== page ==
It is really no secret that homeowners are often cajoled into agreeing to expensive payment plans or selling homes that they have worked their whole lives to purchase, simply to keep themselves out of foreclosure and pay the lender several thousand more dollars to keep their homes for a few more months. They are threatened with the impossibility of getting a loan after foreclosure or even being able to rent an apartment in many cases. But is it really a drawback for former homeowners not to be able to enslave themselves to a corrupt banking industry propped up by theft through government inflation?
Obviously, having a low credit score is entirely irrelevant to the person who relies only on himself to pay his way through life. Maintaining a great score in order to be able to increase limits on credit cards, buy homes with subprime adjustable-rate mortgages, and get a shiny new car every two years purchased with the money of others should not create a strong desire on the part of homeowners who have previously found themselves in the credit trap.
So, on the one hand, many homeowners will simply want to unplug from the system entirely, and live a voluntary life of sustaining themselves through their own efforts and productive work, while living within their means. Living independently without a credit score and credit history to worry about can be extremely fulfilling.
But on the other hand, there is also a privacy concern for many people, who do not want just anyone to be able to pull their credit, see that they have had a foreclosure, and send them unsolicited mail for more low-end credit. Thus, removing the foreclosure and as much negative information as possible may be a worthy goal for homeowners, to sanitize their credit report and move on without its use and without worrying about the past.
There are really only two ways to get a foreclosure off of a credit record. The first is relatively easy but takes a long time, whereas the second is quite difficult but can be result in the immediate removal of foreclosure from a credit report.
The first option every foreclosure victim has is to wait the 7-10 years (depending on all the circumstances, state, etc.) for the foreclosure to drop off of the credit report automatically. The credit agencies may keep reporting it after this period of time, but a few letters can have it removed after the time for its reporting has expired. In the meantime, the homeowner who does not wish to use credit any longer will simply have to wait it out. For those who do wish to keep themselves chained to the debt machine, even after foreclosure, the best thing to do may be to focus on building new, better credit records and put some time between themselves and the foreclosure. New lenders will give an old foreclosure less weight than 5 subsequent years of on-time payments, for instance.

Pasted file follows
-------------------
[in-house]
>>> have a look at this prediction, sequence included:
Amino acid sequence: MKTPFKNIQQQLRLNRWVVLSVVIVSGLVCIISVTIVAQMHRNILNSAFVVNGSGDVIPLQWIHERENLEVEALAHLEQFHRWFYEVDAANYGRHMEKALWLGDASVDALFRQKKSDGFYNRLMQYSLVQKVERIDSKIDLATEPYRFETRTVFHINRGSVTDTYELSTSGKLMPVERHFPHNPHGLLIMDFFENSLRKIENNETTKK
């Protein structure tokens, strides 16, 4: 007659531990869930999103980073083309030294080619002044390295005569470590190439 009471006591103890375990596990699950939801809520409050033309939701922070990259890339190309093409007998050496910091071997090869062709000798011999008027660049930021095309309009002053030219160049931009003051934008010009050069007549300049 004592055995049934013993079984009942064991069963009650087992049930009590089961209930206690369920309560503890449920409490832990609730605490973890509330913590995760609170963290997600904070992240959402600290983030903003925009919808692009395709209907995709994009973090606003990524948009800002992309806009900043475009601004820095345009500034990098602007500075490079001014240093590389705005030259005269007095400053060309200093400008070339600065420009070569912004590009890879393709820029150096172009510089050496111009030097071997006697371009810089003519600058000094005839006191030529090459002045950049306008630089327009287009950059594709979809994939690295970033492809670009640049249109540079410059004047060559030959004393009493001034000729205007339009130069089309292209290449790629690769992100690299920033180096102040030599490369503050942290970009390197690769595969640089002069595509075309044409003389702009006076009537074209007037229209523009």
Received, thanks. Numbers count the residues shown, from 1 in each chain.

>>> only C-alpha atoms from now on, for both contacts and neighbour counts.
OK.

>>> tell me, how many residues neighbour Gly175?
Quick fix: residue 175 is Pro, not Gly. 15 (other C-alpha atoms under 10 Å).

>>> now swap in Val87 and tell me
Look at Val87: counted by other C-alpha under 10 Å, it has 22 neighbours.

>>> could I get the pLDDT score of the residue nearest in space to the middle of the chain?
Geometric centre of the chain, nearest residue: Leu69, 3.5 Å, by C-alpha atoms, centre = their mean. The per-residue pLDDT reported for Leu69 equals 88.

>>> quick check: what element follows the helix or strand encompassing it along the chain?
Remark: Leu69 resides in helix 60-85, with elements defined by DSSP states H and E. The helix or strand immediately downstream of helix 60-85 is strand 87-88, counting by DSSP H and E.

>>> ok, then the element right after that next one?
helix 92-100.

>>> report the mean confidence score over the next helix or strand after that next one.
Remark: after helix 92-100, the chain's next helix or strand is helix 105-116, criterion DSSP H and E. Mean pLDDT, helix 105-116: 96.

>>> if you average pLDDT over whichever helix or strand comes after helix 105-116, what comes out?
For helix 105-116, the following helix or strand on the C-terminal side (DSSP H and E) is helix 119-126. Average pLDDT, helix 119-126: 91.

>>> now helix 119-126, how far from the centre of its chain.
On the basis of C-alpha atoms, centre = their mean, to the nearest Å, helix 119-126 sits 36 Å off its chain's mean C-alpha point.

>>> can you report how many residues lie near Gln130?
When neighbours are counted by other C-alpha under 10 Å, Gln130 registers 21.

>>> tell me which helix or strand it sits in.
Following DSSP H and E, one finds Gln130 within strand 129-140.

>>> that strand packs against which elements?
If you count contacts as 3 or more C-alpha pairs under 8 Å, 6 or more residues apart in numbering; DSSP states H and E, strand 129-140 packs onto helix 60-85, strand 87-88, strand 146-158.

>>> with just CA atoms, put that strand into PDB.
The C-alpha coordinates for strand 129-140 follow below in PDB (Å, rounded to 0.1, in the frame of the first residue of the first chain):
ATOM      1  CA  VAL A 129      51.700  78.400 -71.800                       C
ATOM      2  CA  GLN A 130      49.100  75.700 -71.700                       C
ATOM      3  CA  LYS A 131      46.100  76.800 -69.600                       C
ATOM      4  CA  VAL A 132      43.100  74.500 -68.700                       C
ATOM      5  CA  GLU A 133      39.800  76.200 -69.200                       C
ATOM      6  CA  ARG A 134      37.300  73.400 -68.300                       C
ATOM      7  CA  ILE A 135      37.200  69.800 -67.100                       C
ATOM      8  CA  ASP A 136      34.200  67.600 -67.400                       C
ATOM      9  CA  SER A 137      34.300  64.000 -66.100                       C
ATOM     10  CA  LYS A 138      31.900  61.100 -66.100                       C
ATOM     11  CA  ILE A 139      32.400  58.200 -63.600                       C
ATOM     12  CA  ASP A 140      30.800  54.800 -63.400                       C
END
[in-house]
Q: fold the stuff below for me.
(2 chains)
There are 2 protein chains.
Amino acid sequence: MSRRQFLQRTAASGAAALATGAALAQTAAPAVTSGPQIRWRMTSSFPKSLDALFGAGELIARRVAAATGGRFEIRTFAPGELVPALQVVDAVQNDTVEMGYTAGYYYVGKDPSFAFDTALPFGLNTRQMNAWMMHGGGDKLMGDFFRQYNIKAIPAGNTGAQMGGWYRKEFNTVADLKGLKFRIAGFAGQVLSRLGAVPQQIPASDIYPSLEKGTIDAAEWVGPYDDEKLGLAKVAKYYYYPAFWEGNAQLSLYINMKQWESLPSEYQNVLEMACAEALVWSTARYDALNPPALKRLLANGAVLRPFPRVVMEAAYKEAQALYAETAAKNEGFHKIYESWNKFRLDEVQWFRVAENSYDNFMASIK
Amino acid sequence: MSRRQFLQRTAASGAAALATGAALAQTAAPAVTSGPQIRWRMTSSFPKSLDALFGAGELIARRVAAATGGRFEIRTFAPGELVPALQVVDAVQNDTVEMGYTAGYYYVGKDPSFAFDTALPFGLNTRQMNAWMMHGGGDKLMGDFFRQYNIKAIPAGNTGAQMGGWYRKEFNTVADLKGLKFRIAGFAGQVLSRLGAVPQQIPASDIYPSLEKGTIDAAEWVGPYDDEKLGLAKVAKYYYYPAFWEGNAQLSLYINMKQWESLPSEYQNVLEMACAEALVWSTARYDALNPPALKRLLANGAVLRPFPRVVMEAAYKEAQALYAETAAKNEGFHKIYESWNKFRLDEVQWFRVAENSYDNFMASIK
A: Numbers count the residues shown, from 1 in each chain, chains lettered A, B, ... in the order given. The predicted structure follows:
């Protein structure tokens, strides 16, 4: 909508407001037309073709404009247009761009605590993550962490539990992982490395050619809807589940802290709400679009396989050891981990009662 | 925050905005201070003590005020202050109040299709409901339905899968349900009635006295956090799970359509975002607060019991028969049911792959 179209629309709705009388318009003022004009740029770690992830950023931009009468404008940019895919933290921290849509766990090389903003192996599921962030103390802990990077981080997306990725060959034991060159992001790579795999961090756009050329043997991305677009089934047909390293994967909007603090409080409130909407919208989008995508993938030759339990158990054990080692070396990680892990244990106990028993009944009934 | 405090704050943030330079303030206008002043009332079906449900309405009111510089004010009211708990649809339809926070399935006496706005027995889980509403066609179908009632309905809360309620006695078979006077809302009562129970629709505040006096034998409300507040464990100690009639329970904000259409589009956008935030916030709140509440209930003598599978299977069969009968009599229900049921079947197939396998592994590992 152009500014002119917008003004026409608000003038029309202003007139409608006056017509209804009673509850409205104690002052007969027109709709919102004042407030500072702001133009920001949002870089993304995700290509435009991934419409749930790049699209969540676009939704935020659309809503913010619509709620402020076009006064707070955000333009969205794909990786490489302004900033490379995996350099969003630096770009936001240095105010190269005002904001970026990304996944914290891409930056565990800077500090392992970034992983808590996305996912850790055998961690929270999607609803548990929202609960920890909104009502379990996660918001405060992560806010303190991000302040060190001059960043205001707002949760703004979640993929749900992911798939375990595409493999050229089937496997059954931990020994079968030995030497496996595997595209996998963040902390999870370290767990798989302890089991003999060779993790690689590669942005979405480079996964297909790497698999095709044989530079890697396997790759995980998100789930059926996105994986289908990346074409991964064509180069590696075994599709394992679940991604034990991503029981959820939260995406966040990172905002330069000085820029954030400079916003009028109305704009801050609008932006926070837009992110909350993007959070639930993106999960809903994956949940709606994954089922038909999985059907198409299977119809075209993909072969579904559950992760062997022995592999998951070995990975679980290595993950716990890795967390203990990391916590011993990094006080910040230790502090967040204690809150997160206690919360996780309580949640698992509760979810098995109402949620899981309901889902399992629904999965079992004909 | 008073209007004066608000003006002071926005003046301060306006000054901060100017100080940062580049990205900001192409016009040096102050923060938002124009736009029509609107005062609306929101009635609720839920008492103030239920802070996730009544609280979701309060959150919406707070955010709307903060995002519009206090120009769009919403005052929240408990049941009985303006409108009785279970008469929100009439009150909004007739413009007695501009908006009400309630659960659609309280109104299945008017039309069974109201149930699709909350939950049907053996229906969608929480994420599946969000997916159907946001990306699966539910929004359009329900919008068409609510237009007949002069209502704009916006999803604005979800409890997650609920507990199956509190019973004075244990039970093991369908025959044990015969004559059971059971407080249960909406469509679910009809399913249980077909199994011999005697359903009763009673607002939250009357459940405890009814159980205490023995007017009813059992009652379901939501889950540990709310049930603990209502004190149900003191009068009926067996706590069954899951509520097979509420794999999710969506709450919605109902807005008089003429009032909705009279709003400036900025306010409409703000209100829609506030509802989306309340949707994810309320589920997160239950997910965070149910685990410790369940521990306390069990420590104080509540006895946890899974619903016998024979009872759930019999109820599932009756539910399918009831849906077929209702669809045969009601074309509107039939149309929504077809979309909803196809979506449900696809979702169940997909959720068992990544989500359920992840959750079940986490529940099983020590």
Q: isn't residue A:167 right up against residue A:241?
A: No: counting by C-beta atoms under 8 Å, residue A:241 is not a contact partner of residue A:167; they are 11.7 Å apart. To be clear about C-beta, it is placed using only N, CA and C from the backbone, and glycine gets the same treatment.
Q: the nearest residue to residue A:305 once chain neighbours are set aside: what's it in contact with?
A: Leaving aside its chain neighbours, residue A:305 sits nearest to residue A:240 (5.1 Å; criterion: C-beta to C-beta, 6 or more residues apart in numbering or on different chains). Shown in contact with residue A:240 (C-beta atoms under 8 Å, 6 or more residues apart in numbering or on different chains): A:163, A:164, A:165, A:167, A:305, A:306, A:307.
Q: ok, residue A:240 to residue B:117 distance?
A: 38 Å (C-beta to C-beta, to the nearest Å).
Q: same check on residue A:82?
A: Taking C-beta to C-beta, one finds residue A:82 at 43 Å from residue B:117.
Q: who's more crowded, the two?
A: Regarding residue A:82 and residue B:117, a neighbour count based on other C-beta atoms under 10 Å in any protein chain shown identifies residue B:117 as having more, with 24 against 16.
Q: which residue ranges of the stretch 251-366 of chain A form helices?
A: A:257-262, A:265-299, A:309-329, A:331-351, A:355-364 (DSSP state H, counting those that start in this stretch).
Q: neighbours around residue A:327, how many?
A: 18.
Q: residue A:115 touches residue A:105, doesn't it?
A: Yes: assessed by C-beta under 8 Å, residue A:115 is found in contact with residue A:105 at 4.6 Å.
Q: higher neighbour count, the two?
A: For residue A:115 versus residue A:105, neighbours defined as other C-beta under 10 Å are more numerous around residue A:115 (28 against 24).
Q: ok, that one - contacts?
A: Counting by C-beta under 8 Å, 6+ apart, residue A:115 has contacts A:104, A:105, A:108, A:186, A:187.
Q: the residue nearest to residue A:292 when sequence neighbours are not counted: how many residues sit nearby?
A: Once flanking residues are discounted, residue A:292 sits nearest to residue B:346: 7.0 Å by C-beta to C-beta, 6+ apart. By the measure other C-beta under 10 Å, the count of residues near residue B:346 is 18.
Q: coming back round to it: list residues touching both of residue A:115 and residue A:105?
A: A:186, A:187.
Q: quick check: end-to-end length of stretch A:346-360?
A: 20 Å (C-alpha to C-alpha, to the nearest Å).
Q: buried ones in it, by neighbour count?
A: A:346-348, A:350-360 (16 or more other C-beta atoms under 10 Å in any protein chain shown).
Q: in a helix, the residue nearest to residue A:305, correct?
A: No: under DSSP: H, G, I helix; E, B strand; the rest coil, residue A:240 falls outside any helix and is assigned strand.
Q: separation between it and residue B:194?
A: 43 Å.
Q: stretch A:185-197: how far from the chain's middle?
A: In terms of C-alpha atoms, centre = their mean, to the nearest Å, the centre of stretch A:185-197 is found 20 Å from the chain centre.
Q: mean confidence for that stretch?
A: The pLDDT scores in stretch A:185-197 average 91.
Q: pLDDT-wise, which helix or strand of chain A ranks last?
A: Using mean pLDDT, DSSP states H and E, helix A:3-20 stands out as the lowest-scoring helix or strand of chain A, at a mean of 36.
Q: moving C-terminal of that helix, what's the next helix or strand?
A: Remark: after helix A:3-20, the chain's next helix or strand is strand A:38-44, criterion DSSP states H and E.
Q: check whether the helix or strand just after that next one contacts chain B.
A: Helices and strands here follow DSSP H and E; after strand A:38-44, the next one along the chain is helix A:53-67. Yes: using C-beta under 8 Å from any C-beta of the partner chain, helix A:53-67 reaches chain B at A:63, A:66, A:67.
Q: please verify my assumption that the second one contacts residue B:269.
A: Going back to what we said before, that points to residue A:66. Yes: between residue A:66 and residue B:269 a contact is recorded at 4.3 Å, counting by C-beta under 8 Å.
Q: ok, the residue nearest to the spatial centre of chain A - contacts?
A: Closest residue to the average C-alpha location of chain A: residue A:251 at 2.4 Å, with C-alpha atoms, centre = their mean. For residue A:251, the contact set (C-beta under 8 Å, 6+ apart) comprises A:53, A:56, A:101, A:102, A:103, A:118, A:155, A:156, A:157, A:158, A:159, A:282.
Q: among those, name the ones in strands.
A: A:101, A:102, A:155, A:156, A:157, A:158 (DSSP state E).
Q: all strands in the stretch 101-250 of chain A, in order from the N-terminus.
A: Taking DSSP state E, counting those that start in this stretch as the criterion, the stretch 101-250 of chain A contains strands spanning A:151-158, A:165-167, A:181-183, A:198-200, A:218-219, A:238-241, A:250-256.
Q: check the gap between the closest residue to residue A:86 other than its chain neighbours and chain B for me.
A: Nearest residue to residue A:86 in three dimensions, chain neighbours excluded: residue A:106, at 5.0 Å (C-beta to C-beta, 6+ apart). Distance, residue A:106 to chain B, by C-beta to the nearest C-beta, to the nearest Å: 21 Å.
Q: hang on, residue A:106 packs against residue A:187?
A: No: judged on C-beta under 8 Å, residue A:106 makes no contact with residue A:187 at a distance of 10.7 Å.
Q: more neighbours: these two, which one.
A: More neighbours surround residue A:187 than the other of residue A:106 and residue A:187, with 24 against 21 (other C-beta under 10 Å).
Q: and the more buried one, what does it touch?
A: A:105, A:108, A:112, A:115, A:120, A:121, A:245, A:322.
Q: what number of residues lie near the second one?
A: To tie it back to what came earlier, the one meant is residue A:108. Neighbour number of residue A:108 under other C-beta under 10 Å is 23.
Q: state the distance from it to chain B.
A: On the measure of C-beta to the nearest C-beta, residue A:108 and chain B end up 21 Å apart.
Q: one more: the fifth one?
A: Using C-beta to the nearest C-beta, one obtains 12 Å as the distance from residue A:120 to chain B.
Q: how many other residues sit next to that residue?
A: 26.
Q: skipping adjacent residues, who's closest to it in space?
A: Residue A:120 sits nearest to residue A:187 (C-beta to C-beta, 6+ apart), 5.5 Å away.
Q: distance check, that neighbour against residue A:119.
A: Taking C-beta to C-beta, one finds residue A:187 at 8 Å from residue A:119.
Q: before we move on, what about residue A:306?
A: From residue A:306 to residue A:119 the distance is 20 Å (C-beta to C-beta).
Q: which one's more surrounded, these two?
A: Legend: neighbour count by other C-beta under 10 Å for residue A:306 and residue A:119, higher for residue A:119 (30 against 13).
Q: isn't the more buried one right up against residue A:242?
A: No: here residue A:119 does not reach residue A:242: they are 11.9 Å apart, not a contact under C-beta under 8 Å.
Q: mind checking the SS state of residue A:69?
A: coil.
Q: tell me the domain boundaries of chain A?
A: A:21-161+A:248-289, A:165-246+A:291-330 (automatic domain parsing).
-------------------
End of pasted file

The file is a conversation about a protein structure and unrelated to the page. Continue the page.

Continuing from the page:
The second way is to have the original lender remove the record from the credit report. Obviously, this is much more difficult than waiting nearly a decade, and lenders are not too willing to do this. However, it can be done the same way that consumers clean up their credit reports every day in other circumstances. Just dispute the debt, threaten the bank, sue the bank, sue the credit agencies, file complaints with regulatory agencies, and so on, until they realize that it is just easier to get rid of a crazy person by removing the foreclosure, rather than spend more time and money explaining its existence and accumulating complaints. Playing this role can often be very entertaining and enlightening for those cleaning up their credit reports, because they will experience first-hand how the bureaucrats and banks work together hand-in-hand against the average person.
Another tactic that homeowners may want to consider is emailing every single employee/officer of the bank whose email address they can locate and informing them that the complaints, letters, and negative press will continue until they remove the listing. Some lenders even publish company directories with email addresses of presidents, VPs, and directors. Again, there are no guarantees and this process is not easy, but the lender may eventually give in and remove the foreclosure or account altogether.
But it is completely up to the mortgage company as to what information is reported to the credit agencies. Especially if they have made some mistakes/violations, there is a good reason to start complaining and disputing. And all banks violate rules and laws all day, every day, because there are simply too many laws that contradict each other. It takes literally months for any of the disputes to be resolved, but this is significantly less time to worry about a foreclosure than waiting nearly a decade for it to drop off of the credit history automatically.
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